Last week, Robin Utz went to Washington.
Utz, an American woman from the Midwestern state of Missouri, arrived there during the confirmation hearings for President Donald Trump’s choice for the nation’s highest court, which Trump has indicated he would like to ban abortion in the United States. She went, invited by elected officials, to tell the story of her abortion in November.
“The mission is to tell our story,” Utz says, referring to herself and other American women who’ve chosen to have abortions.
In Washington, Utz’s story featured prominently in California Senator Dianne Feinstein’s statements of opposition to Trump’s nominee for US Supreme Court judge, Neil Gorusch. It was used as an example of how anti-abortion legislation, Feinstein argued, often appears to be at odds with the medical profession.
Fighting the bigger battle
Utz is at the helm of a growing push among American women – in her state and beyond – to tell their own stories about abortion and to ensure access to the procedure for future generations. It is difficult to do that, she says. There’s a lot of stigma surrounding the procedure in the US and particularly where she lives; Missouri is an example of the many states across the country engaged in a mounting bid to restrict access to abortion with a series of bills – some of which are meant to bar certain aspects of the procedure, others to convince and embolden people against it.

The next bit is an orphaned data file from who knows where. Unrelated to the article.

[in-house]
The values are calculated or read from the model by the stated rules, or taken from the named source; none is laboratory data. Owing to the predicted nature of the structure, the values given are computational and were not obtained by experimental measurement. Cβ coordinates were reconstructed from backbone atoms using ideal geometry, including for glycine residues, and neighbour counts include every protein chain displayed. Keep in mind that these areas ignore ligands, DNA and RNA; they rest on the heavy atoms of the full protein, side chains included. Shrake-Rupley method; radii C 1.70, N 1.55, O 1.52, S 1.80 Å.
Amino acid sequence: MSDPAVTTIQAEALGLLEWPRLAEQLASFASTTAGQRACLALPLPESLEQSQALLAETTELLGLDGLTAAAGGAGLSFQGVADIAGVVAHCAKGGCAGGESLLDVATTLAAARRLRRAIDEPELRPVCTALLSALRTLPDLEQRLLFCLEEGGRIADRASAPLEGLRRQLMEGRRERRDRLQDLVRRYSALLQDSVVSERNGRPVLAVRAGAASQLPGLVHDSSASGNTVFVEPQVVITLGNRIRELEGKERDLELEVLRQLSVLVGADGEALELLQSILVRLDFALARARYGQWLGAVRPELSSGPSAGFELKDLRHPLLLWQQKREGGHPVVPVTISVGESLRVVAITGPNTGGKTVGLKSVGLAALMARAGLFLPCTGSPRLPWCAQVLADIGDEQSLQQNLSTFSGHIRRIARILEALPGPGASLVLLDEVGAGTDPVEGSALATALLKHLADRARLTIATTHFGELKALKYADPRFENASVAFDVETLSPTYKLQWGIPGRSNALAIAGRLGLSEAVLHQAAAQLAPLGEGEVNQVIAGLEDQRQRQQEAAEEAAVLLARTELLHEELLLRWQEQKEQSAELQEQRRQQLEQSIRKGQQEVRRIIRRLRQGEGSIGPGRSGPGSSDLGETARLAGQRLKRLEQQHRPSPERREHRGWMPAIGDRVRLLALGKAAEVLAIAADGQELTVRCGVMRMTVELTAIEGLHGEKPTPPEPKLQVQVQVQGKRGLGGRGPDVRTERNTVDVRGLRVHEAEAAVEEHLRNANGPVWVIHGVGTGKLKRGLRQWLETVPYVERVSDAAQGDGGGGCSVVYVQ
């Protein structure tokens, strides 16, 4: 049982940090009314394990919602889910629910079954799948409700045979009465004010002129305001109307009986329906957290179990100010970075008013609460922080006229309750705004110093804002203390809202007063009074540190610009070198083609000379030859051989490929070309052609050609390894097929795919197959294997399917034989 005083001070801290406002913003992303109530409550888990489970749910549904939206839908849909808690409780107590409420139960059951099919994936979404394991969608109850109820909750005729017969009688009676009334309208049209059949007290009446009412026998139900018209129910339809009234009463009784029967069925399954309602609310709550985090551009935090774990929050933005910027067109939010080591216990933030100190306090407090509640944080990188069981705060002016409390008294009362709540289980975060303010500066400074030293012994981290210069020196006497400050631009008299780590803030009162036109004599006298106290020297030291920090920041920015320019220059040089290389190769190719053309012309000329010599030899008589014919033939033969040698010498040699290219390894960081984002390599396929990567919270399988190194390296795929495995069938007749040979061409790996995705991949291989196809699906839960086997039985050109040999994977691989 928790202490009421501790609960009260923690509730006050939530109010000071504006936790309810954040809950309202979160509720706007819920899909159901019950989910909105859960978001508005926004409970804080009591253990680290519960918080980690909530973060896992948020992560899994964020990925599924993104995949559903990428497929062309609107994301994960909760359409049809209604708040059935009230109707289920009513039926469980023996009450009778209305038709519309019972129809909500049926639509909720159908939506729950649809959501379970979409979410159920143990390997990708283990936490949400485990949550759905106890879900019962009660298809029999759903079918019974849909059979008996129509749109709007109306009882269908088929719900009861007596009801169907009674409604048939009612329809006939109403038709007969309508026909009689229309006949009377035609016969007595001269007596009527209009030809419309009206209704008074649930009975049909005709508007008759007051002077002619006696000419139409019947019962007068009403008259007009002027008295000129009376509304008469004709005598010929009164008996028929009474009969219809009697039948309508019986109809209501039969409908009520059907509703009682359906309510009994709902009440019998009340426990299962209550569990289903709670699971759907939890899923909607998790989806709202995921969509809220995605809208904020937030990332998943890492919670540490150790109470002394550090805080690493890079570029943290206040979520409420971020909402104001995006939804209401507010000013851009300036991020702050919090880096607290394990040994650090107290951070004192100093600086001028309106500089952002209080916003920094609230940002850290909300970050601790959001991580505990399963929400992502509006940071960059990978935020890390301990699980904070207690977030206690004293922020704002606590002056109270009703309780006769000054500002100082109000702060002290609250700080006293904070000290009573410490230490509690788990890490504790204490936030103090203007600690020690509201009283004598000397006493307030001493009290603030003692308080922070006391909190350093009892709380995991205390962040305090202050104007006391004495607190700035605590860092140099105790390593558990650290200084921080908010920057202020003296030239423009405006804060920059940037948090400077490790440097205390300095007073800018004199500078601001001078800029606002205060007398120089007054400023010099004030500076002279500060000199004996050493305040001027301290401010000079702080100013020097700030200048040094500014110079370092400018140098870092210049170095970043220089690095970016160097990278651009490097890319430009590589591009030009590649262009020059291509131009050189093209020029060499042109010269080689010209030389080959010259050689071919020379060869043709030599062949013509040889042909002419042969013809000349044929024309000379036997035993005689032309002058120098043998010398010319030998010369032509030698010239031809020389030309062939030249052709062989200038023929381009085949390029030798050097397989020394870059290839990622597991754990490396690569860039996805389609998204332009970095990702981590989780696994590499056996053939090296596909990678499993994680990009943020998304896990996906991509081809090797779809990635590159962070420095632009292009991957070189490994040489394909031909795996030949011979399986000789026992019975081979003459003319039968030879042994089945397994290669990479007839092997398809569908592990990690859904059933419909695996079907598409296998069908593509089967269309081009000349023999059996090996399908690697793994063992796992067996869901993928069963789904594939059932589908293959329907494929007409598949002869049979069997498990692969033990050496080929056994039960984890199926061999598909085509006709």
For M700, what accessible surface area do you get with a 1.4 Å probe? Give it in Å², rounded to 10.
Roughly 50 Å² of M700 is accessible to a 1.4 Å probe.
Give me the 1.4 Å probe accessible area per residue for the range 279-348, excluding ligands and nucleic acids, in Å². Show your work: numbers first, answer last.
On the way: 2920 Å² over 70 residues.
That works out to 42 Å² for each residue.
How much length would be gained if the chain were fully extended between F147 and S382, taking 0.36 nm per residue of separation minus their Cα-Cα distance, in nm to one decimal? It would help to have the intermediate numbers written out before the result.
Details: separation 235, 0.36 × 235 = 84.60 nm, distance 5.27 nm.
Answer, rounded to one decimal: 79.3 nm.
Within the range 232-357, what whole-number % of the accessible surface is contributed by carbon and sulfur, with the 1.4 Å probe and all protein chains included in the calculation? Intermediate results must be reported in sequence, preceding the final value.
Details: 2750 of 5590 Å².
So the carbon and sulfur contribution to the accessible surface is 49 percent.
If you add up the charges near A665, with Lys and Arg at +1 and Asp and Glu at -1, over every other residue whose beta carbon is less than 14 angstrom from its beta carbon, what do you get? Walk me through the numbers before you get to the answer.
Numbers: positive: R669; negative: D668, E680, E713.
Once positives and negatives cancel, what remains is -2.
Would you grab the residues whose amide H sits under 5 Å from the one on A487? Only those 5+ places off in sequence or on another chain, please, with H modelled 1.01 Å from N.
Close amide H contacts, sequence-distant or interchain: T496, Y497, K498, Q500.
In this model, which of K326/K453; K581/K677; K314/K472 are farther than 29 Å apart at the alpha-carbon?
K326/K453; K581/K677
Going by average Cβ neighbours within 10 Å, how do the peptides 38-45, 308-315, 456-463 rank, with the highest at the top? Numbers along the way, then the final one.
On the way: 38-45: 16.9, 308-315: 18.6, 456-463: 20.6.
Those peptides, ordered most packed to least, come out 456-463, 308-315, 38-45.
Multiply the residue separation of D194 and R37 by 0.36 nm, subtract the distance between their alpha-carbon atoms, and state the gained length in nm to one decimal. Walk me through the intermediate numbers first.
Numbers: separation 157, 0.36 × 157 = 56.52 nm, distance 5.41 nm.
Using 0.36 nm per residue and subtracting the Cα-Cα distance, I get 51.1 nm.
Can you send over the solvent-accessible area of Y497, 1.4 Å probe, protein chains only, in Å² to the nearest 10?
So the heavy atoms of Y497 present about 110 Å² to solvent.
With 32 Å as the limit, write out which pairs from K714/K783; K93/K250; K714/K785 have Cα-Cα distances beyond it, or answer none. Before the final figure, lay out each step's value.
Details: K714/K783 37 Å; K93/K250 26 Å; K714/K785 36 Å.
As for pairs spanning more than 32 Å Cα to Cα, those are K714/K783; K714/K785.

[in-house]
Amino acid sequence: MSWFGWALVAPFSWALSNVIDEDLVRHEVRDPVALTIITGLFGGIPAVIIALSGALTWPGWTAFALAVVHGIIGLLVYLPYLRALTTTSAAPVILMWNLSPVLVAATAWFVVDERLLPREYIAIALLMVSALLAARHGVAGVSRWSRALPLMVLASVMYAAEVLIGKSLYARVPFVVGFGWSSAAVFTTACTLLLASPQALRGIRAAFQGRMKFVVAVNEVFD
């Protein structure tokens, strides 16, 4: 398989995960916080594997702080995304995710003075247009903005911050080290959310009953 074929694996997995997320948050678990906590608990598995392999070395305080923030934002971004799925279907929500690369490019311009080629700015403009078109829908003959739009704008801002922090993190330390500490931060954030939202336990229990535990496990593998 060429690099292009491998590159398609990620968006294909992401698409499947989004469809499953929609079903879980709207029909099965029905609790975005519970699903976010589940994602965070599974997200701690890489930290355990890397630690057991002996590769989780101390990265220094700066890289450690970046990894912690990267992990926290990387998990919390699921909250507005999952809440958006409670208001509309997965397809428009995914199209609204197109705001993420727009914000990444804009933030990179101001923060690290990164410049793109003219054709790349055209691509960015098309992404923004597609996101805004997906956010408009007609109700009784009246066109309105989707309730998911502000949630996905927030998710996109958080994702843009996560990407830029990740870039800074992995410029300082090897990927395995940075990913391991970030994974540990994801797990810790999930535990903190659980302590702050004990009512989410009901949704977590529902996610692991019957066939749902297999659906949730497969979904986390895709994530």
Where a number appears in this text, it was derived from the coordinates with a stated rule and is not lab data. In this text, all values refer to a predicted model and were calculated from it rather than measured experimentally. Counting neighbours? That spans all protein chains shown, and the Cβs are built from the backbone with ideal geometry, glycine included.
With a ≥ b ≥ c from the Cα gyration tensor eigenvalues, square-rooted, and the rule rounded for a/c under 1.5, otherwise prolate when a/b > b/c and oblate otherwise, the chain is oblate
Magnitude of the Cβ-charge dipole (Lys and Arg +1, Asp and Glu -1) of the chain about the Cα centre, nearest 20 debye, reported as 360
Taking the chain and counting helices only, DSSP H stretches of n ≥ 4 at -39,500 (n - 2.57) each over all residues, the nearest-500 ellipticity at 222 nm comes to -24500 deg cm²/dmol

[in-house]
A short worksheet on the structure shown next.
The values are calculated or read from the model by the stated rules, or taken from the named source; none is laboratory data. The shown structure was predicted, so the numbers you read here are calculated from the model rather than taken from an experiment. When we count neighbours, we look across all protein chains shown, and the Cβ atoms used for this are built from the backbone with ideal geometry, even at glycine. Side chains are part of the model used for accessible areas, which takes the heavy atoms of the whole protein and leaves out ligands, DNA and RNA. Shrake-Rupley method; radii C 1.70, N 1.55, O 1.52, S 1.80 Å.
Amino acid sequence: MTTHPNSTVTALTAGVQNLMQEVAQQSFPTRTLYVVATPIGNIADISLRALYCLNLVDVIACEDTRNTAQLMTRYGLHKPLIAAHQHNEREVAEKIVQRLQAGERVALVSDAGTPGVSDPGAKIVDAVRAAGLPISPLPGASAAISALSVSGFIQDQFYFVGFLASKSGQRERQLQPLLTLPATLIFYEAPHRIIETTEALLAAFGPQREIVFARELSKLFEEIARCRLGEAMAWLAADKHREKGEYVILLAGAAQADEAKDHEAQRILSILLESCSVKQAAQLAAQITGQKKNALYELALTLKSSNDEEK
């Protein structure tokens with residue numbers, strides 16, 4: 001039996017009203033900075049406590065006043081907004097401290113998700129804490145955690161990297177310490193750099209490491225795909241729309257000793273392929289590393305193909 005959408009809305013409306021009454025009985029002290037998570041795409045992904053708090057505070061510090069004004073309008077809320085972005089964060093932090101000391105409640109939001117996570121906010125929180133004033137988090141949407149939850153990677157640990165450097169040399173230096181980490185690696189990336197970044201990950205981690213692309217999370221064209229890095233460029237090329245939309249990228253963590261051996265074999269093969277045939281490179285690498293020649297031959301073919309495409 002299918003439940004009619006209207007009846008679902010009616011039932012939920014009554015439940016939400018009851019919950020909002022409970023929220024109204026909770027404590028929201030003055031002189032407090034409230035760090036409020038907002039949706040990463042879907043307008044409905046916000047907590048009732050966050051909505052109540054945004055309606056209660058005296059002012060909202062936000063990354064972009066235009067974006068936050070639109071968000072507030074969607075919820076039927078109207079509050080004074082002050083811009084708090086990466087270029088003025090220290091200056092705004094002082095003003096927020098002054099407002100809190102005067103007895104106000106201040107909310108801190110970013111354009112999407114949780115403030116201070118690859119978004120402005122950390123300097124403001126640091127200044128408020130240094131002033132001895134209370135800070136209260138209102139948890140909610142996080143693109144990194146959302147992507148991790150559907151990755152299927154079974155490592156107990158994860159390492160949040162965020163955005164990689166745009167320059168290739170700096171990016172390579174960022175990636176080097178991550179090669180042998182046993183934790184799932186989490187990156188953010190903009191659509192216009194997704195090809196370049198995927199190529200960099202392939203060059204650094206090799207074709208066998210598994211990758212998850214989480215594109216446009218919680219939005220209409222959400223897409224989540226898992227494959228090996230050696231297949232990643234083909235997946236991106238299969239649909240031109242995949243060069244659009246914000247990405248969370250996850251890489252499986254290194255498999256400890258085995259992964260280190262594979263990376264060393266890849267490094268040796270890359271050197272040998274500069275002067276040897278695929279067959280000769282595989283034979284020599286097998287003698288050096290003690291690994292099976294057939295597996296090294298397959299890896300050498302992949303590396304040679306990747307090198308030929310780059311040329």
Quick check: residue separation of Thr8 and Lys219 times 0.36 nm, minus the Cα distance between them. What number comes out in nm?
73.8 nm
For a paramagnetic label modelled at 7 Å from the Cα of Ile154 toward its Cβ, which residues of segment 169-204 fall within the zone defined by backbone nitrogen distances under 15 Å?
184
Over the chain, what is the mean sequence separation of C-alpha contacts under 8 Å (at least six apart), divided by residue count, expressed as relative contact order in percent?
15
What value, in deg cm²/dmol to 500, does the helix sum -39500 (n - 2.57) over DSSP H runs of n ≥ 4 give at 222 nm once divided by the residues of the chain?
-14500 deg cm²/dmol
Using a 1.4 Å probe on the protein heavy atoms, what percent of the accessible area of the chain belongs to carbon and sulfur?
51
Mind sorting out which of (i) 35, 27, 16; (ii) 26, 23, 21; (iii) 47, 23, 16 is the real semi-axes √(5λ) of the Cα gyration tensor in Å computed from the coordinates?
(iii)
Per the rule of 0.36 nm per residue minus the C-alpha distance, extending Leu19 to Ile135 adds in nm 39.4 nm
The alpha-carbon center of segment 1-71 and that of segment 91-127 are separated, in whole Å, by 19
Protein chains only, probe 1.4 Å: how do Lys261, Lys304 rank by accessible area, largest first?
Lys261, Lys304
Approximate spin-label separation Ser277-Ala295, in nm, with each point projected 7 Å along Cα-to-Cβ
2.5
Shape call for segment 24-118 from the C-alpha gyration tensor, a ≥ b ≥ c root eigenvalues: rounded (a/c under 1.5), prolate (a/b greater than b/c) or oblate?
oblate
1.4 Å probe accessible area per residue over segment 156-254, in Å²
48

Fault Lines – The abortion war
When Utz tells her story, she races through the details she finds more difficult to discuss. This is not because of the abortion itself, she is careful to note, but because of what many campaigners for access to legal, safe abortion say is misinformation about the emotional toll of the procedure. Utz’s story is difficult for her because she wanted her pregnancy. An ultrasound revealed foetal anomalies – a rare kidney disease – that her child would not have been able to survive.
“We’d have had to immediately put her on…